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TUESDAY, Sept. 11 (HealthDay News) -- For adults with mild-to-moderate asthma controlled with inhaled corticosteroids, adjustment of corticosteroids based on biomarkers (exhaled nitric oxide) or symptoms does not improve the time to treatment failure compared with physician assessment-based adjustment, according to a study published in the Sept. 12 issue of the Journal of the American Medical Association.
William J. Calhoun, M.D., from the University of Texas Medical Branch in Galveston, and colleagues compared approaches for adjustment of inhaled corticosteroid therapy. A cohort of 342 adults with mild-to-moderate asthma controlled with low-dose corticosteroids were randomly assigned to physician assessment-based adjustment (114 assigned; 101 completed); biomarker-based adjustment (115 assigned; 92 completed); or symptom-based adjustment (113 assigned; 97 completed) for nine months.
The researchers observed no significant difference in the time to treatment failure between the groups. The nine-month Kaplan-Meier failure rates were 22, 20, and 15 percent for physician assessment-based adjustment, biomarker-based adjustment, and symptom-based adjustment, respectively. The hazard ratios for time to first treatment failure with physician assessment-based adjustment versus biomarker-based adjustment and symptom-based adjustment were 1.2 (95 percent confidence interval [CI], 0.6 to 2.3) and 1.6 (95 percent CI, 0.8 to 3.3), respectively.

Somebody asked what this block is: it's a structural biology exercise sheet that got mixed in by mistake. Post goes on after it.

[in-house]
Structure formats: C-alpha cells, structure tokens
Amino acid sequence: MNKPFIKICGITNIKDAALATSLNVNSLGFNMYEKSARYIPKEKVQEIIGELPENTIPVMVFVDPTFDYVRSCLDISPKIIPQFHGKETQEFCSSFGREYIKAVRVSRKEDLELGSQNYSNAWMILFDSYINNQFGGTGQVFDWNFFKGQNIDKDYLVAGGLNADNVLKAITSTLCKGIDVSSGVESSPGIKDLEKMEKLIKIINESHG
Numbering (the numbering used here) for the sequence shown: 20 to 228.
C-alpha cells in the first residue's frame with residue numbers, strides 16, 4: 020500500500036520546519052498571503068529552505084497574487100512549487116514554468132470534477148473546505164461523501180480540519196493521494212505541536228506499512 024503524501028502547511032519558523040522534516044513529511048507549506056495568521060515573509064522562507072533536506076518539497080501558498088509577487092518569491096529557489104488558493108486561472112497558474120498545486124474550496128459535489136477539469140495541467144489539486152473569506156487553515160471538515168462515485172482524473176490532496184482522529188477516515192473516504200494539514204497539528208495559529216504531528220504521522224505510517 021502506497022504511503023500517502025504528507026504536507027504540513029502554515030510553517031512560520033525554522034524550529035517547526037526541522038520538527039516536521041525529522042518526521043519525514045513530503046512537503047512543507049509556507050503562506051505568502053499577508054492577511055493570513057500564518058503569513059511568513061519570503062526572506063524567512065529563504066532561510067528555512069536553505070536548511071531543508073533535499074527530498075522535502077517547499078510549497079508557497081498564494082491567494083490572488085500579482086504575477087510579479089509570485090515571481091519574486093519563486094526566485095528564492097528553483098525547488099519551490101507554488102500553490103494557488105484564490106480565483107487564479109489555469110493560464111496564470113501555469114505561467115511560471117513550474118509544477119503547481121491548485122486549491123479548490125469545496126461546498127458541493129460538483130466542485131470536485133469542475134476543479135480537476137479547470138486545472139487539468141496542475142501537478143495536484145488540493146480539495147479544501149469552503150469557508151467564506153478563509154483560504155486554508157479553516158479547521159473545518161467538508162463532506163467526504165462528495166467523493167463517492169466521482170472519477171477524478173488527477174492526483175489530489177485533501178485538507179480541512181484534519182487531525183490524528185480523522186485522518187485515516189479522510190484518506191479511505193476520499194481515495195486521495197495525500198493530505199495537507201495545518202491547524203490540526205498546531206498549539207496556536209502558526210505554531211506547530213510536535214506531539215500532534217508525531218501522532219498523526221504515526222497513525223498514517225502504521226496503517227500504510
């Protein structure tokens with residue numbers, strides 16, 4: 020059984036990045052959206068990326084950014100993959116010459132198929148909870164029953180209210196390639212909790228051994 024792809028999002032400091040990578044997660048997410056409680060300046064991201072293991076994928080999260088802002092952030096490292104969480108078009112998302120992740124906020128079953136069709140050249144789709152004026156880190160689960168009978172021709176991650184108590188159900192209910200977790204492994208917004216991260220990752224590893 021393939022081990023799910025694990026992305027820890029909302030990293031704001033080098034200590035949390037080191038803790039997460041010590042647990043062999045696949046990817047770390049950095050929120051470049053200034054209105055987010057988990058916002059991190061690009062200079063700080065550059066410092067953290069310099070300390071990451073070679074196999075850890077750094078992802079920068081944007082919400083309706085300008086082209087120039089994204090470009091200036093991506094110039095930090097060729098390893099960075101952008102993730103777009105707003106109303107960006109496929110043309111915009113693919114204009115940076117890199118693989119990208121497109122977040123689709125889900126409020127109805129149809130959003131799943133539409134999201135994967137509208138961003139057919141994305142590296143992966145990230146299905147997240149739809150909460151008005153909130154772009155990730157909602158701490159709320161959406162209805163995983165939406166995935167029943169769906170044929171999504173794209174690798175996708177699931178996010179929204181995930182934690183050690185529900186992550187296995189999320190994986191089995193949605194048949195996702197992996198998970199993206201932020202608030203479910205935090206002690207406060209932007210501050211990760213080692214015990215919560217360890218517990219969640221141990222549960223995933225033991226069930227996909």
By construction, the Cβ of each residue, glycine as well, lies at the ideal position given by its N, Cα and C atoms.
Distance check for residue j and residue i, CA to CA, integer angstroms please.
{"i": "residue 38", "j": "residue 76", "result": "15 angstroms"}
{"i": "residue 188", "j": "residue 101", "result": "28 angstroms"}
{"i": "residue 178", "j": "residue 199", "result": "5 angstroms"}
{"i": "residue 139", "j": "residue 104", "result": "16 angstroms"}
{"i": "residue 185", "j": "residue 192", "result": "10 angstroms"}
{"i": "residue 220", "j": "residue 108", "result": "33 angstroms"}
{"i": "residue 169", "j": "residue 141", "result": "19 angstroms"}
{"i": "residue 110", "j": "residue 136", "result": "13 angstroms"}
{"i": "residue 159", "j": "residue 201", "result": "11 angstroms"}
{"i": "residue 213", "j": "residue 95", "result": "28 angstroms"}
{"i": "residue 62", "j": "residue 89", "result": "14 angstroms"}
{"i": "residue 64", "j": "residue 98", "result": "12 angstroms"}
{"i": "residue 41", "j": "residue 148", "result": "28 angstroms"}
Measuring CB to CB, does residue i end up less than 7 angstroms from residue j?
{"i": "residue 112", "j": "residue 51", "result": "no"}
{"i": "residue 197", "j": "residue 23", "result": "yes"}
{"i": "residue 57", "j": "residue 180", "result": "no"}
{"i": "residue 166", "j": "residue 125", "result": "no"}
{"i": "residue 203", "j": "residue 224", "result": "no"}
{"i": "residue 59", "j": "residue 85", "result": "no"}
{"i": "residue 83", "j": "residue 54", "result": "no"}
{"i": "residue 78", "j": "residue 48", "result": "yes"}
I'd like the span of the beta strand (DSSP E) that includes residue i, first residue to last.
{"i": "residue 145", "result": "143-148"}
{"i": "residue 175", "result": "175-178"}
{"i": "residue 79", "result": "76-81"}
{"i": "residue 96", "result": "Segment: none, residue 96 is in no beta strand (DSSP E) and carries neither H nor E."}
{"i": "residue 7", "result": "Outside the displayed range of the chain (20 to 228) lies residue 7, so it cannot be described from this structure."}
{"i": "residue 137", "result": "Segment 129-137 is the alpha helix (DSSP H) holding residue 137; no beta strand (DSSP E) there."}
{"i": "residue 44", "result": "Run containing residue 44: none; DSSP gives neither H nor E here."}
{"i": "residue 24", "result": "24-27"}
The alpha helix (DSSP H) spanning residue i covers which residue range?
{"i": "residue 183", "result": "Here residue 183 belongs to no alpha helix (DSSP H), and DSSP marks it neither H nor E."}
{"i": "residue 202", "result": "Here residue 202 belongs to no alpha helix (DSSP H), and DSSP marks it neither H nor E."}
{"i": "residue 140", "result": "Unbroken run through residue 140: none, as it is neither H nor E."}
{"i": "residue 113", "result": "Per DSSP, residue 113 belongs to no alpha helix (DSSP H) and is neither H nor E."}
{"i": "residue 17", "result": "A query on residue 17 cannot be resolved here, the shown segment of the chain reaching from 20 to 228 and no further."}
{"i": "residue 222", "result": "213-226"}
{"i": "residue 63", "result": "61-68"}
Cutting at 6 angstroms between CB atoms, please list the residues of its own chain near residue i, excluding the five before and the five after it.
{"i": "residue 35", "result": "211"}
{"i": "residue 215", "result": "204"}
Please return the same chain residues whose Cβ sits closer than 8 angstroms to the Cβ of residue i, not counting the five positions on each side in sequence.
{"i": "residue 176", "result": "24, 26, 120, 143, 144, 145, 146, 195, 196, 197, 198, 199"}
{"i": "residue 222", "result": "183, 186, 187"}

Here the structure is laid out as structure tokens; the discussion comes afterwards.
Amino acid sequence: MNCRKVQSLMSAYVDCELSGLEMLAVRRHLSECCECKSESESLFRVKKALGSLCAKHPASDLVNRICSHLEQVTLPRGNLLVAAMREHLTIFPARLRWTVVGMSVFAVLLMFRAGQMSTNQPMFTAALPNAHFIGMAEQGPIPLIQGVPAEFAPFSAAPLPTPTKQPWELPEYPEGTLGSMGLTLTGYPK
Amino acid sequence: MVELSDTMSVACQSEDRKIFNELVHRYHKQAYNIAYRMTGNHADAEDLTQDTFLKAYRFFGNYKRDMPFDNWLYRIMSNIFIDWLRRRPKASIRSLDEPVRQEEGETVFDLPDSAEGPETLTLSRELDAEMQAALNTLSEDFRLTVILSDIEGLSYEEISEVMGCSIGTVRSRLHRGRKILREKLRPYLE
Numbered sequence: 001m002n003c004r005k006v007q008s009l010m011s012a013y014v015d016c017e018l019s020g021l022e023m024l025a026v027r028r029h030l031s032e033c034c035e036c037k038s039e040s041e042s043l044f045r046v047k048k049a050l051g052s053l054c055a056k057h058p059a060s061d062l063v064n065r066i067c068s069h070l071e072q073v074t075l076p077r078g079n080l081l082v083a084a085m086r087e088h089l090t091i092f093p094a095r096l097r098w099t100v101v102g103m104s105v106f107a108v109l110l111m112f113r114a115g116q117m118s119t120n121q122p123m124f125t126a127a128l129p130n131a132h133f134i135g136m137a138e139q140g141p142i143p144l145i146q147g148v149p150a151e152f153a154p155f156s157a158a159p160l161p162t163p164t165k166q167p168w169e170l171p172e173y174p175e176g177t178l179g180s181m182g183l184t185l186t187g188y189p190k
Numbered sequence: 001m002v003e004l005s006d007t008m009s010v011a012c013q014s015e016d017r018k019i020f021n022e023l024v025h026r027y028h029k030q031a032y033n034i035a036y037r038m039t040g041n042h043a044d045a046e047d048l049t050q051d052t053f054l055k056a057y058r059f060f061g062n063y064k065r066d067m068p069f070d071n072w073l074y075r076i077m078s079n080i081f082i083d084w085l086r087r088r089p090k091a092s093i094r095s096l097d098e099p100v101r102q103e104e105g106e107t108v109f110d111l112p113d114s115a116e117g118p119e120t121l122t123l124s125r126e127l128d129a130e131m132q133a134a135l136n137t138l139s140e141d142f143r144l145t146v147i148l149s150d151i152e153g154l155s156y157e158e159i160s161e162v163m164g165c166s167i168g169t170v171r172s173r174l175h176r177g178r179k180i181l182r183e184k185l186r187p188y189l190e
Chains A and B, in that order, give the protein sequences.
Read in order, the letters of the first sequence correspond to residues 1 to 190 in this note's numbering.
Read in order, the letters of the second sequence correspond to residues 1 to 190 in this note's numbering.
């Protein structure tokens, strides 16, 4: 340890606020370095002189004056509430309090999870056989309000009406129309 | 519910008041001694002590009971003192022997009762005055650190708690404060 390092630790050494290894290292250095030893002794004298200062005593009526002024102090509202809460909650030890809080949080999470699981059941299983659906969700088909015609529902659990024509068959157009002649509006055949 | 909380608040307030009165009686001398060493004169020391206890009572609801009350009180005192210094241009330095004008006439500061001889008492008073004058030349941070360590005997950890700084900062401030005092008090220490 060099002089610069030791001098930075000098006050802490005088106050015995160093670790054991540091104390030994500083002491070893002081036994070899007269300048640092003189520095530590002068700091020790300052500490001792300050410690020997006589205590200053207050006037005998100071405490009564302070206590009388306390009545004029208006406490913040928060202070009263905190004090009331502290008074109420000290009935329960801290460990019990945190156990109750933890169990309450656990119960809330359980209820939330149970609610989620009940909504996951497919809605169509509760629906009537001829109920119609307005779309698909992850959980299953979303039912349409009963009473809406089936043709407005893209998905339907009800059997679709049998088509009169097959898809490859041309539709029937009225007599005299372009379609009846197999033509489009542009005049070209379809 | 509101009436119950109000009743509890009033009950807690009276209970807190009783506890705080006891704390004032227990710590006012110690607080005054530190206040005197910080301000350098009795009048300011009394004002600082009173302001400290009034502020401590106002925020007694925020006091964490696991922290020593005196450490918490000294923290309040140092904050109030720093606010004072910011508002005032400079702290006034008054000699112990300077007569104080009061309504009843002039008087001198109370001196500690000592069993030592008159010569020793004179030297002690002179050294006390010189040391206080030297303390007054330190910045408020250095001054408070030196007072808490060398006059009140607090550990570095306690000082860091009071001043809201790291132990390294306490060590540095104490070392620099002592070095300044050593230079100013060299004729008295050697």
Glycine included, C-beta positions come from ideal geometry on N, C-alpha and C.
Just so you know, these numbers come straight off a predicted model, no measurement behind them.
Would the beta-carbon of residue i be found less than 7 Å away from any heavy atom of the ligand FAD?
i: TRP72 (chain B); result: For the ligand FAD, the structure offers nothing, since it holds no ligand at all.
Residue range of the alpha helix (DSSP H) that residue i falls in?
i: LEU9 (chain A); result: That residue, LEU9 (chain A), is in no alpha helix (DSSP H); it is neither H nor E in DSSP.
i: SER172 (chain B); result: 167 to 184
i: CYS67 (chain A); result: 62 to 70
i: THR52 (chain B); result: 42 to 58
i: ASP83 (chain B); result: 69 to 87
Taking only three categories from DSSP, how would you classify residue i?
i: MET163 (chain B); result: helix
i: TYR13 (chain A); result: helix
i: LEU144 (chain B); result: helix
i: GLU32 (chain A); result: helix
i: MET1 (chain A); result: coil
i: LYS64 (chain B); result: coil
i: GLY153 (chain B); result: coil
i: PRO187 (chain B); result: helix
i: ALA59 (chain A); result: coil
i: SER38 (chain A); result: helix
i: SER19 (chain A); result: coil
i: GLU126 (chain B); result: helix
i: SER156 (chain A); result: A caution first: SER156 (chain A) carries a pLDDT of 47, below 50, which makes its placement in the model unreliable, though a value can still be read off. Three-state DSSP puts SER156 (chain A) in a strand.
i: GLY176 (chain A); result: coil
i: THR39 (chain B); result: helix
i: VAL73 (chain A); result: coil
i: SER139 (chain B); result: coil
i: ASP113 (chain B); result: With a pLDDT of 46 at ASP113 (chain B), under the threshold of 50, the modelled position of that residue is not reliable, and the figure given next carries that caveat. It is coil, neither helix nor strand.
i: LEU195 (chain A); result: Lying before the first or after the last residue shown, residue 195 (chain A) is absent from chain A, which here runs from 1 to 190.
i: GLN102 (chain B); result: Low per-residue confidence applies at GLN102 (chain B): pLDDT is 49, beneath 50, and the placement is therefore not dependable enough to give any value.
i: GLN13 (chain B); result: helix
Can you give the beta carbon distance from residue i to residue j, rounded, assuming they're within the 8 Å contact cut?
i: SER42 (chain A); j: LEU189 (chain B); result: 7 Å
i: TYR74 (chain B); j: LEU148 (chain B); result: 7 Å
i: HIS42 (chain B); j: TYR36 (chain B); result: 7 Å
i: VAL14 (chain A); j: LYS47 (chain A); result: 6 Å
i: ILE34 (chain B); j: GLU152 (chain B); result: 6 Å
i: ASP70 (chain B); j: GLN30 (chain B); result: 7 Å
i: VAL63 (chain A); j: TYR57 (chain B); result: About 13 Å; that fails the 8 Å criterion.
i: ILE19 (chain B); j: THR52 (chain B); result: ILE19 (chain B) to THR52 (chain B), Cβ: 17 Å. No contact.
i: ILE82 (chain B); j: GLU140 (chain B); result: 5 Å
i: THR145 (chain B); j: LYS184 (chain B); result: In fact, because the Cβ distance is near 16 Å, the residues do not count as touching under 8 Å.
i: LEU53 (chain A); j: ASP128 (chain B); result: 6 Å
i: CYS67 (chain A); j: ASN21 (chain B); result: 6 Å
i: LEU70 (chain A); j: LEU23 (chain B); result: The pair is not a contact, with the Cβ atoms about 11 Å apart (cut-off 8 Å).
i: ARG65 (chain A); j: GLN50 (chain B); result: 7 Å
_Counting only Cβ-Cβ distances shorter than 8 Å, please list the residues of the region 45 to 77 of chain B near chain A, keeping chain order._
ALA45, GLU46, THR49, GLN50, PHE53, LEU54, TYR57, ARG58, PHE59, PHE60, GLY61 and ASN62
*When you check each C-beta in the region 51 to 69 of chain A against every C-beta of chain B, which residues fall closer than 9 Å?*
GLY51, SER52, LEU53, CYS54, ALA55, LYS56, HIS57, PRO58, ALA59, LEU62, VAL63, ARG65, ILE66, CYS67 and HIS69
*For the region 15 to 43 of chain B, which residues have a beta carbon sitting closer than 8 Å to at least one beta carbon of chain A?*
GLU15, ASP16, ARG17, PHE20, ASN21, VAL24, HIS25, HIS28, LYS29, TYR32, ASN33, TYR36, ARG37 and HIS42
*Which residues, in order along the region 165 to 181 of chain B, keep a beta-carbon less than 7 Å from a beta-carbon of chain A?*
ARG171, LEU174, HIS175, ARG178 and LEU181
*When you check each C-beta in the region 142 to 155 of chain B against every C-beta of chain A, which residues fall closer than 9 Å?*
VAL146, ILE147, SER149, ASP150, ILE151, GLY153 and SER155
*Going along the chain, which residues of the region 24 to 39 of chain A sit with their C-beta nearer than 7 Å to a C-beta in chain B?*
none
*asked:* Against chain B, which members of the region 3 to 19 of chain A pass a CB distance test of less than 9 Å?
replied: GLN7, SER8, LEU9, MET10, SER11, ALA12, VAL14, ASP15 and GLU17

"Among adults with mild-to-moderate persistent asthma controlled with low-dose inhaled corticosteroid therapy, the use of either biomarker-based or symptom-based adjustment of inhaled corticosteroids was not superior to physician assessment-based adjustment of inhaled corticosteroids in time to treatment failure," the authors write.
Several authors disclosed financial ties to the pharmaceutical industry.
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